Whenever the subject of investing in today's stock market comes up, I usually find a way to steer the conversation toward small, regional and community banks. Everyone wants to talk about Apple's (AAPL) new iPhone and how it will move the stock over the next few days and which stocks are forming wedges and cups. That is usually just misdirected effort on the part of most traders and investors. It is almost impossible to turn in market-beating returns when you insist on doing the exact same thing everyone else is doing.
Even if you are fortunate enough to be a world-beating swing trader, it makes sense to take some of your gains and put them to work in a sector that has huge tailwinds that will prevail for a long time. Jim Rodgers is fond of saying that the time to invest is when there is money lying in the corner and all you have to do is wander over and pick it up off the floor. That's exactly the situation in the small regional and community banks right now. Many, if not most, small banks will be acquired and the regulatory and economic climate make it difficult to stay independent. The small banks that do stand alone will be those with powerful earnings that drive profit, dividends and the stock price a lot higher over the next decade.
One legitimate concern many people have is that their primary focus is income. Many of the smallest and cheapest small banks are conserving capital and pay no, or small, dividends. With their stock below book value, some of them prefer to direct their excess capital toward buybacks. But some banks fit the profile of a "trade of the decade" and yield more than the 30-year Treasury; they might fit well into an income portfolio. The nice thing about these stocks is that in addition to a nice initial yield, there is a strong prospect of dividend increases going forward.
Banc of California (BANC) is a great choice for income-oriented bank investors. The bank is based in Irvine, Calif., and has 80 branches in the region and $300 million in total assets. Nonperforming assets are just 1.32% of total assets. The stock is trading at 86% of book value and yields 4% at the current price. A potential catalyst with this stock is an activist investor pushing for change. PL Capital own more than 7% of the stock and issued a blistering letter to the board criticizing their business practices and compensation plans. Patriot Financial, a private equity firm specializing in banks, also owns more than 5%, so there is a real possibility of a forced sale or other measures designed to raise shareholder value.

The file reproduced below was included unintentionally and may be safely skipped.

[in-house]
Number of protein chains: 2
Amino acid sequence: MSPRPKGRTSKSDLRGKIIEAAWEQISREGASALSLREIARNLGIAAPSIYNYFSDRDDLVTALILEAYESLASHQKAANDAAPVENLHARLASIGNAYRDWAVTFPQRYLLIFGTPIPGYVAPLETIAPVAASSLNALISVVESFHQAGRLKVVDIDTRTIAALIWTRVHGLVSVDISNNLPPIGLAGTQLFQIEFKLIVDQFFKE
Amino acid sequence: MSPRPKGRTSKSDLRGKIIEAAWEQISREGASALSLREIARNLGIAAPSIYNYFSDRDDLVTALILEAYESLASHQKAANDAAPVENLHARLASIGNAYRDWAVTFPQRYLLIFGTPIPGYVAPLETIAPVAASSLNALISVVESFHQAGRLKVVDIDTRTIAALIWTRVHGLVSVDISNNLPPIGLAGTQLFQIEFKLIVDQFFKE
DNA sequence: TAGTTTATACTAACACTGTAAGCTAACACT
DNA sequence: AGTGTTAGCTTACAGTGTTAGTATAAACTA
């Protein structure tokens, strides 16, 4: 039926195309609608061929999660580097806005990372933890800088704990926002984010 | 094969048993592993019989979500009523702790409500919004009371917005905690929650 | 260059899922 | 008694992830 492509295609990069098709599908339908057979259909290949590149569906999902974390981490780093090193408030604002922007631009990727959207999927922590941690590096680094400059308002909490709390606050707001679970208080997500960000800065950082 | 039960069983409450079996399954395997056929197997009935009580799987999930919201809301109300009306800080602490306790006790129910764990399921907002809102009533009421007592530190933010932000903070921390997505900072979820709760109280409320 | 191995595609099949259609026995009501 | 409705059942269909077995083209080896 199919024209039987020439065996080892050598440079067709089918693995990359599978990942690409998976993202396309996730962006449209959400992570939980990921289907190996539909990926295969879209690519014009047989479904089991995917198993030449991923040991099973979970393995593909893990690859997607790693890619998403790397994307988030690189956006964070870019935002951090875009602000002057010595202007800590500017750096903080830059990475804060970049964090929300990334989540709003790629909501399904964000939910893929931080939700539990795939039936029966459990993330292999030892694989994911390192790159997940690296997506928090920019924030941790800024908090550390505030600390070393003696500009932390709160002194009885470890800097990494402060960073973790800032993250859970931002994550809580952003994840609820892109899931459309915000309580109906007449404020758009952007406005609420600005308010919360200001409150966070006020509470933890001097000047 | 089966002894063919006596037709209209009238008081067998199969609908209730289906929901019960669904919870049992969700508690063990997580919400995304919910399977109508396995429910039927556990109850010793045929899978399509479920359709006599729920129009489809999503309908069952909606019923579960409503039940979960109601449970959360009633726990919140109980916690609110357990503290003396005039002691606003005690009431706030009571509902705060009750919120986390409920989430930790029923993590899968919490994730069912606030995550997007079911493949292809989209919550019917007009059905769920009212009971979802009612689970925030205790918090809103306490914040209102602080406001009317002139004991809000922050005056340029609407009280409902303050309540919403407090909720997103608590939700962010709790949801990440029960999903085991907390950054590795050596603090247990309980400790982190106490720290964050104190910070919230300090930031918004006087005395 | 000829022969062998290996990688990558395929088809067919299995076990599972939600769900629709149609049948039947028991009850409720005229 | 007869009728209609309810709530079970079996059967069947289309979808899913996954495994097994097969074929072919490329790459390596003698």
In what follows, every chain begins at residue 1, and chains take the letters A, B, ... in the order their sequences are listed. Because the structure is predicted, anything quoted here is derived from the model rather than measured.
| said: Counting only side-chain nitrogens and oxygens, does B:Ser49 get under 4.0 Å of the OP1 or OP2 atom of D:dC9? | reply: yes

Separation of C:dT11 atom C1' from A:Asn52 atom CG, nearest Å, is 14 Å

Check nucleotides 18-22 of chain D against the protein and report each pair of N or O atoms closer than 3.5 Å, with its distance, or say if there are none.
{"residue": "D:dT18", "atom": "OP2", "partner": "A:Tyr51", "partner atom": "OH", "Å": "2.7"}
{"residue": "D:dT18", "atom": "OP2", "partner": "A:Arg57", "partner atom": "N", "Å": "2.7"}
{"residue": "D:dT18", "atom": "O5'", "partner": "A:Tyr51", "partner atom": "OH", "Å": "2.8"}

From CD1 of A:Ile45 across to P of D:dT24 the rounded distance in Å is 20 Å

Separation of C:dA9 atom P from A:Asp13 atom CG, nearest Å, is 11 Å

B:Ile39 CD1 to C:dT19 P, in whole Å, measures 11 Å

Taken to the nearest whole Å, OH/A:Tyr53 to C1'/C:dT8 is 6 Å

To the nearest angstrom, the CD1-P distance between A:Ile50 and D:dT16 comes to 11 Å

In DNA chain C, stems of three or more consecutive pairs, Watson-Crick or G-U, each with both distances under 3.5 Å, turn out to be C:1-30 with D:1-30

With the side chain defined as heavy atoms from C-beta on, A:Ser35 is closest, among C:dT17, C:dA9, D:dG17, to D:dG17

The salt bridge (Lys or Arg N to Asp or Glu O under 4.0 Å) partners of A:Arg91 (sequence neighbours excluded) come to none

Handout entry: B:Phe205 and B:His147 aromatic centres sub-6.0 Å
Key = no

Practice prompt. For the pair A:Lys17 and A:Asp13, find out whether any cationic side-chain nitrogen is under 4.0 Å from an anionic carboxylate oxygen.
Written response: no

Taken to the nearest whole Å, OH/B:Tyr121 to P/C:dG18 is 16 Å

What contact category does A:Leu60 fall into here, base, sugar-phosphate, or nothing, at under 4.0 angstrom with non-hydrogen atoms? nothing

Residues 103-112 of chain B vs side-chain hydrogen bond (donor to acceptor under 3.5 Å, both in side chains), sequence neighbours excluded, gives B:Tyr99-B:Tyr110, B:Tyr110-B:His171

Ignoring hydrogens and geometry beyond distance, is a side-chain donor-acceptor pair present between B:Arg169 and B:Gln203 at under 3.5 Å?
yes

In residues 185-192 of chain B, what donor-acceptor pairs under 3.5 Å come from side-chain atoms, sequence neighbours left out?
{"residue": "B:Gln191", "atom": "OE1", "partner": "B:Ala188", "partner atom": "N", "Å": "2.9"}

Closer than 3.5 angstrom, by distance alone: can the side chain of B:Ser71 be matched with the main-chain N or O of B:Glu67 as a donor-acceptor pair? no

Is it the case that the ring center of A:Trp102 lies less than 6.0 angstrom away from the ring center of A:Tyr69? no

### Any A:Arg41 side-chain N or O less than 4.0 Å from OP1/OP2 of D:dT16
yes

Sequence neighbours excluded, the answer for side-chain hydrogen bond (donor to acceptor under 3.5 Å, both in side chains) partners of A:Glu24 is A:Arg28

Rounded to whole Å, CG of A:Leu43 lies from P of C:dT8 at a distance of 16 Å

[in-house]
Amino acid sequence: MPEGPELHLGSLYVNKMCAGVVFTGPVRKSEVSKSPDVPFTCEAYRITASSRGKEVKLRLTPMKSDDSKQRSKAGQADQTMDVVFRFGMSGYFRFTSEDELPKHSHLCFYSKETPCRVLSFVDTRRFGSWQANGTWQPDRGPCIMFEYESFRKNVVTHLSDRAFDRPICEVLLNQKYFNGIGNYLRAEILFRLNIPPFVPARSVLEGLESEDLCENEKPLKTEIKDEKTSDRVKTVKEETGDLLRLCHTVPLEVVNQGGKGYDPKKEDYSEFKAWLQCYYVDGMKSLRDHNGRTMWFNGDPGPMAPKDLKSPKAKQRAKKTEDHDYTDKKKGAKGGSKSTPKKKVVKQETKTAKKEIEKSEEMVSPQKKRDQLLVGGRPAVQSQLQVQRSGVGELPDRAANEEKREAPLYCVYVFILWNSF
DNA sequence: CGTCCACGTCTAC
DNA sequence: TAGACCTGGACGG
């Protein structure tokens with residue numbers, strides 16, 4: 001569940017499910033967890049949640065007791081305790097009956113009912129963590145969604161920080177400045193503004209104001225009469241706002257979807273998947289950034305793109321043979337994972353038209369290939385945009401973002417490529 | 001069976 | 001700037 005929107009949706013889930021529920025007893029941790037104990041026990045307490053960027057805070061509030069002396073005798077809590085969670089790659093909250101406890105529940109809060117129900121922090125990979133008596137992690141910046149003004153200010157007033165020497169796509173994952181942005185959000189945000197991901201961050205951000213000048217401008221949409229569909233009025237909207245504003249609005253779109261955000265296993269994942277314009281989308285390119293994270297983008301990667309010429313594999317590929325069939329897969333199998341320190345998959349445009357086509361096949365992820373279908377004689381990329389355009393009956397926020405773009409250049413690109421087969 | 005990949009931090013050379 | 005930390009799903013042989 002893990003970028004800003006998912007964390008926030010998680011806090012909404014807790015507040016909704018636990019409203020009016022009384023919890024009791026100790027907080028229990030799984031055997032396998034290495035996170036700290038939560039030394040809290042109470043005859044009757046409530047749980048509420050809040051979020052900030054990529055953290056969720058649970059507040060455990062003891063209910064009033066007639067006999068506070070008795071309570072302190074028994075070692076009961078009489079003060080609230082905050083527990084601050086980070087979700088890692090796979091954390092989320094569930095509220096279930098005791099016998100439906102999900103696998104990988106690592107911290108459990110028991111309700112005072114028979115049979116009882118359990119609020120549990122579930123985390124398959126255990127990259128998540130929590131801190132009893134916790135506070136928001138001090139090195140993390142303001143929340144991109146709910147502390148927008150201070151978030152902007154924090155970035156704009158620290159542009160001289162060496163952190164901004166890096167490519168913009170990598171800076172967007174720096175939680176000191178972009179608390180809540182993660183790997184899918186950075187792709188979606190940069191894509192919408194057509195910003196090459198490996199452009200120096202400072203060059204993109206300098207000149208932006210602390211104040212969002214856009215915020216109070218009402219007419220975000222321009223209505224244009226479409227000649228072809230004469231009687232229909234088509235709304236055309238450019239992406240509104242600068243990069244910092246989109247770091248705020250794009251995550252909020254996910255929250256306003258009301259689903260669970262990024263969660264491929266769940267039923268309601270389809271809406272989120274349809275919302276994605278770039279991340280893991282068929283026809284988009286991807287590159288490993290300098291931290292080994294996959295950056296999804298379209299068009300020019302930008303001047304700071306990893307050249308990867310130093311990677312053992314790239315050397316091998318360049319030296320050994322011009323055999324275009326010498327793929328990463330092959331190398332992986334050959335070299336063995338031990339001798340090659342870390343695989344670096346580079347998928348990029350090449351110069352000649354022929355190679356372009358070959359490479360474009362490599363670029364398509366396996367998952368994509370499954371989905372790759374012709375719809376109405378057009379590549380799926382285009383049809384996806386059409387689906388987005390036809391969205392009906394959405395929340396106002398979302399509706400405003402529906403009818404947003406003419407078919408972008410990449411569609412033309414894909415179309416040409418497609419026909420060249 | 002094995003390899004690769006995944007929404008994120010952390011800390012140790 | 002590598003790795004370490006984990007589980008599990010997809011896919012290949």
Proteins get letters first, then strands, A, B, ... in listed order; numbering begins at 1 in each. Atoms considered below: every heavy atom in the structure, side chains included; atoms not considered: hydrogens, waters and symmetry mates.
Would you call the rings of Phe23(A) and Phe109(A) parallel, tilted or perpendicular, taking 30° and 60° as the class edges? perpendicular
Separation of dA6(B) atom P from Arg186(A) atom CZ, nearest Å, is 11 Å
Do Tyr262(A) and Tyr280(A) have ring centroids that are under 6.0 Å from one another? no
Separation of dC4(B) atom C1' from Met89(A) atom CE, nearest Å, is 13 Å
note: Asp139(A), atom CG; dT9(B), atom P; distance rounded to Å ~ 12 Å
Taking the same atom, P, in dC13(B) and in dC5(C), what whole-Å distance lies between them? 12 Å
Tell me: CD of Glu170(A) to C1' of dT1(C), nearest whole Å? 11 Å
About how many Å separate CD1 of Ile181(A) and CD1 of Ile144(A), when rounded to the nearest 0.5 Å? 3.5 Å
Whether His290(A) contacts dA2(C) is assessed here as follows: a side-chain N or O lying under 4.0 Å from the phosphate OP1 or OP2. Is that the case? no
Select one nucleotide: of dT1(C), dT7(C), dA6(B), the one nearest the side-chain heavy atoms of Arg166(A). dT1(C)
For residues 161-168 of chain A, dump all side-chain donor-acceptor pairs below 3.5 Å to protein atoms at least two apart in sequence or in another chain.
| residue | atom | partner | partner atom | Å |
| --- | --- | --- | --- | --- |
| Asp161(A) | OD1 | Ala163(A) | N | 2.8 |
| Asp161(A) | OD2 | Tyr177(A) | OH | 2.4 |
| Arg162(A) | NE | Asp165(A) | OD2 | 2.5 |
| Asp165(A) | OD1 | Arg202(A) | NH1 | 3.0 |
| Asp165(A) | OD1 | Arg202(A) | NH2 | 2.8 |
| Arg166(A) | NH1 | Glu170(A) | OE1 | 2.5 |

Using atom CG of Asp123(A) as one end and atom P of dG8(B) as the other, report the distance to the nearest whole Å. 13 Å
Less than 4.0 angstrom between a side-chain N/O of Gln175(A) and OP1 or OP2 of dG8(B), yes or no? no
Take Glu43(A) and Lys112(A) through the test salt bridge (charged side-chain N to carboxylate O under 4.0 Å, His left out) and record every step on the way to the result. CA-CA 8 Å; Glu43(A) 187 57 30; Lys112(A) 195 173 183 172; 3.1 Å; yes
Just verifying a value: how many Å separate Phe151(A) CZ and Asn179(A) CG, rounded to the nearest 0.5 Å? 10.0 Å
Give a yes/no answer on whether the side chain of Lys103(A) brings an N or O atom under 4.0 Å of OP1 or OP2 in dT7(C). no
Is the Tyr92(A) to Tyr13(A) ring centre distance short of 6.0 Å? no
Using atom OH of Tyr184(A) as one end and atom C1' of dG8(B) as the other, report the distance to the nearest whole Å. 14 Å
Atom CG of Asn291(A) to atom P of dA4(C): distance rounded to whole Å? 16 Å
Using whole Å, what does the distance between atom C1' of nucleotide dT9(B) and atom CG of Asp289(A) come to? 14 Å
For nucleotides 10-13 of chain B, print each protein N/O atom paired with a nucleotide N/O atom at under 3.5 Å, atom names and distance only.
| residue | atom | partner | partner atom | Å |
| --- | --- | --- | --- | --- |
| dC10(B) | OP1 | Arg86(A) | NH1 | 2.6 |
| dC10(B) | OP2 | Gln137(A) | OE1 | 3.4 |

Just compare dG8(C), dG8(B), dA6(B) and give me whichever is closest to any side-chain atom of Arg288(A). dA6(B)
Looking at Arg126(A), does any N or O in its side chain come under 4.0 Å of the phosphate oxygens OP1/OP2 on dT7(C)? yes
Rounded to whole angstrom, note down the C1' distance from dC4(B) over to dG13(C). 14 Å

ACNB Bank (ACNB) is headquartered in Gettysburg, Penn., and has 20 offices with a little over $1 billion in total assets. This well-run little bank has a solid, well-diversified loan portfolio with nonperforming assets that are just 0.85% of total assets. The stock trades at 1.1x book value and you get a dividend yield of 4% with the potential for higher payouts down the road.
Susquehanna Bancshares (SUSQ) is in the same general region as ACNB and has 245 branches in Pennsylvania, Maryland, New Jersey and West Virginia. At first blush, the bank looks like a tremendous bargain at 70% of book value. Take note, however, that it has done many acquisitions over the years and there is a lot of goodwill on the book. The price to tangible book value is actually about 1.3. Although you have to pay up a little for the shares, this stock should be in your growth and income-oriented portfolio. The bank is currently yielding 3.5% and I expect to see very strong dividend growth going forward. As a bonus, it is also buying back shares, which should be supportive of the stock price.
Income investors do not have to be shut out of the trade of the decade in small banks. By being selective, you can find plenty of regional and small bank stocks that yield more than many traditional income investments.